GREENPORT—Any Columbia County resident who is six-months of age or older can get a swine flu shot at Columbia-Greene Community College, 4400 Route 23, this Saturday, December 5 from 9 a.m. to 2 p.m.
The Columbia County Department of Health has scheduled the H1N1 flu vaccine clinic. No appointments are necessary.
According to a county health department press release, H1N1 vaccination clinics for children in all Columbia County schools have been completed. During their monitoring of school district attendance rates, health department staff members have seen an increase in absenteeism lasting three to four days in each school, but no schools had to make scheduling or program changes as a result.
About 5,000 doses of the H1N1 vaccine have been given so far, the release said.
Since October, the health department has received lab test results confirming eight cases of the H1N1 virus, often referred to as swine flu.
Columbia Memorial Hospital Infectious Disease Consultant Ananthakrishnan Ramani told The Columbia Paper Tuesday that the number of H1N1 cases in Columbia and neighboring counties, including Albany, Schenectady and Rensselaer, “has hit a plateau” and he is now seeing the number of cases come down.
He said there is some seasonal flu evident, but that number of cases is also a little lower than normal for this time of year.
Both H1N1 and season flu vaccine supplies are limited, Dr. Ramani said, but there is good news for Columbia County residents because the health department has secured a supply of H1N1 vaccine, which it will offer at the December 5 clinic.
The vaccine is also being offered and administered to all hospital in-patients willing to take it, said the doctor, noting that the state has declared that H1N1 flu shots are not mandated for people 65 and older.
He said that most hospital employees have been vaccinated against the seasonal flu.
The shortage of swine flu and seasonal flu vaccine is nationwide, Dr. Ramani noted, explaining that once swine flu vaccine production “was revved up, production of seasonal flu vaccine suffered.”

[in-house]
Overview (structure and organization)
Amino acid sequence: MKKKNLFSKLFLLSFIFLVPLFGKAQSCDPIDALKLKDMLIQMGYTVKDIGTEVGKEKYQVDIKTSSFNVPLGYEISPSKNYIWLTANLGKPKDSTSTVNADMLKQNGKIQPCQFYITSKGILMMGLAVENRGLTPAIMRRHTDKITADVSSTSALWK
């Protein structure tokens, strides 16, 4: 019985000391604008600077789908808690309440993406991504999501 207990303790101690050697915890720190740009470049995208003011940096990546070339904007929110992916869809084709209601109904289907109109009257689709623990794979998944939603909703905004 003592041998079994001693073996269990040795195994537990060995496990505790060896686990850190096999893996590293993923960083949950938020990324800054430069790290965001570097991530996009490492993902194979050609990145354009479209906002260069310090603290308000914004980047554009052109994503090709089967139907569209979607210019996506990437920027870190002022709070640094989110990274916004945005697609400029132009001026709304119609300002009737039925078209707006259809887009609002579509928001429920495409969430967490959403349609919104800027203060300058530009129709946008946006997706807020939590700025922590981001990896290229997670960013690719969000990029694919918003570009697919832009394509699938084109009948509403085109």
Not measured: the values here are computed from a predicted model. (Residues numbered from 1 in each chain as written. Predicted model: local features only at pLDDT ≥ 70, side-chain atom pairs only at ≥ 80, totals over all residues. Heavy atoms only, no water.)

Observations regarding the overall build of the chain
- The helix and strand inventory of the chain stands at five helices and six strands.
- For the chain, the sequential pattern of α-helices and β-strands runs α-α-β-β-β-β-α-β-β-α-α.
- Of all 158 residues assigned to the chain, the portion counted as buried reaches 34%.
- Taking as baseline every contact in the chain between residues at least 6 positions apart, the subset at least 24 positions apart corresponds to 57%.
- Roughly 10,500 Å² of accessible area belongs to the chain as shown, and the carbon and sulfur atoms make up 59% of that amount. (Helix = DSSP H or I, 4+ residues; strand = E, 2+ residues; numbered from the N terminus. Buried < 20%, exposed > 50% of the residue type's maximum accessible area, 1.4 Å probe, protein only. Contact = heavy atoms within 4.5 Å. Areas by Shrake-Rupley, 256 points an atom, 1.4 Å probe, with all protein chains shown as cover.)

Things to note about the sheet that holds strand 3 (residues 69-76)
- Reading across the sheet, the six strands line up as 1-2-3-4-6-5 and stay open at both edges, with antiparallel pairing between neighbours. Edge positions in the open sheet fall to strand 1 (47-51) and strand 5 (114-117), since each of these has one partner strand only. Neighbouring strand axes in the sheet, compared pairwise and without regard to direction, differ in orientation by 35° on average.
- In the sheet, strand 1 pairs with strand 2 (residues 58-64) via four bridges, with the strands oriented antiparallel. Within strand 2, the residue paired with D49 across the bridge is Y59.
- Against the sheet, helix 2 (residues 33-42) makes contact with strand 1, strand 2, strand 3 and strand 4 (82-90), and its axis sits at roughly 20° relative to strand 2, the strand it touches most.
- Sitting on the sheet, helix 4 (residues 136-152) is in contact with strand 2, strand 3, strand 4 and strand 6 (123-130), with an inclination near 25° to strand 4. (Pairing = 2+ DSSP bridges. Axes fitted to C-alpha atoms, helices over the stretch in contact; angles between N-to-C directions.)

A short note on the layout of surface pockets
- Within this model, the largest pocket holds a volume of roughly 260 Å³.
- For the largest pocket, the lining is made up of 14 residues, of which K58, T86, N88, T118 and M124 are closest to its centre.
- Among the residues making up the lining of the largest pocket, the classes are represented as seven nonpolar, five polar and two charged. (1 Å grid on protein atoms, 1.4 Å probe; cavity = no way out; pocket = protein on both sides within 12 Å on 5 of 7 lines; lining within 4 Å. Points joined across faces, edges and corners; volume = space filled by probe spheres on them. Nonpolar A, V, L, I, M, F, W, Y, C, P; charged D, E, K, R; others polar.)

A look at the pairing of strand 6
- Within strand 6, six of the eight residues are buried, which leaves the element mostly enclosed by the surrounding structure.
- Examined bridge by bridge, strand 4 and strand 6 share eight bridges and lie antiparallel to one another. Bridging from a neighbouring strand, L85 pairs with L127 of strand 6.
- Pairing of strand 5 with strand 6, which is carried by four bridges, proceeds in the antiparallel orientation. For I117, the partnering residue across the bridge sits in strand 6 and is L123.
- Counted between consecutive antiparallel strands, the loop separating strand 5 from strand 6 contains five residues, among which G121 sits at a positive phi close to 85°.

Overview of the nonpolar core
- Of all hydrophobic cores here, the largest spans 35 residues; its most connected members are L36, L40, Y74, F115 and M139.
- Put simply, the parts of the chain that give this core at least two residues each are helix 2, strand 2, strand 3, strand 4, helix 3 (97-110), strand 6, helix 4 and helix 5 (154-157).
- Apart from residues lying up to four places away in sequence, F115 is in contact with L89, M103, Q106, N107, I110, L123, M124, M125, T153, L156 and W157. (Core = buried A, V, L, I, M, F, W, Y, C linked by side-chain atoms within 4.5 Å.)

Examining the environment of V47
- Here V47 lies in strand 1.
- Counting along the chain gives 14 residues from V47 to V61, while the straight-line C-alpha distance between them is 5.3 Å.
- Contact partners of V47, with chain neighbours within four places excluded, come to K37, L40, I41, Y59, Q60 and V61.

The doctor said he has not seen any odd or unexpected manifestations of the swine flu, but then as an infectious disease consultant he is trained to expect the unexpected.
How do you know if you or your child has the H1N1 flu or the seasonal flu? The federal Centers for Disease Control and Prevention (CDC) offers information online to answer these and other questions about the flu at www.cdc.gov/h1n1flu. The site says that if you have one or more of these symptoms you may have the flu: fever, cough, sore throat, runny or stuffy nose, body aches, headache, chills, fatigue and sometimes, diarrhea and vomiting. The CDC notes that “most people with H1N1 have had mild illness and have not needed medical care or antiviral drugs, and the same is true of seasonal flu.”
And the best advice from the leading experts most people with flu symptoms do not need a test for the 2009 H1N1 virus because the test results usually do not change the recommended treatment for the illness.
The CDC says its studies have shown that no children and very few adults younger than 60 years old carry antibodies to 2009 H1N1 flu virus. And while approximately one-third of adults over 60 may have antibodies against this particular virus, the experts don’t know any of these antibodies protect older people against the 2009 H1N1 flu.
The county health department continues to follow the established emergency preparedness plan, which includes increased surveillance, protocols, education and awareness about (H1N1) influenza A, (swine flu) in conjunction with the state Health Department, Center for Disease Control (CDC), and the World Health Organization (WHO) to get the most up-to-date information and protocols, Public Health Director Nancy Winch said in the release.
Updated influenza information and links to additional sites can be found on the county health department website @ www.columbiacountyny.com.
To contact Diane Valden email dvalden@ColumbiaPaper.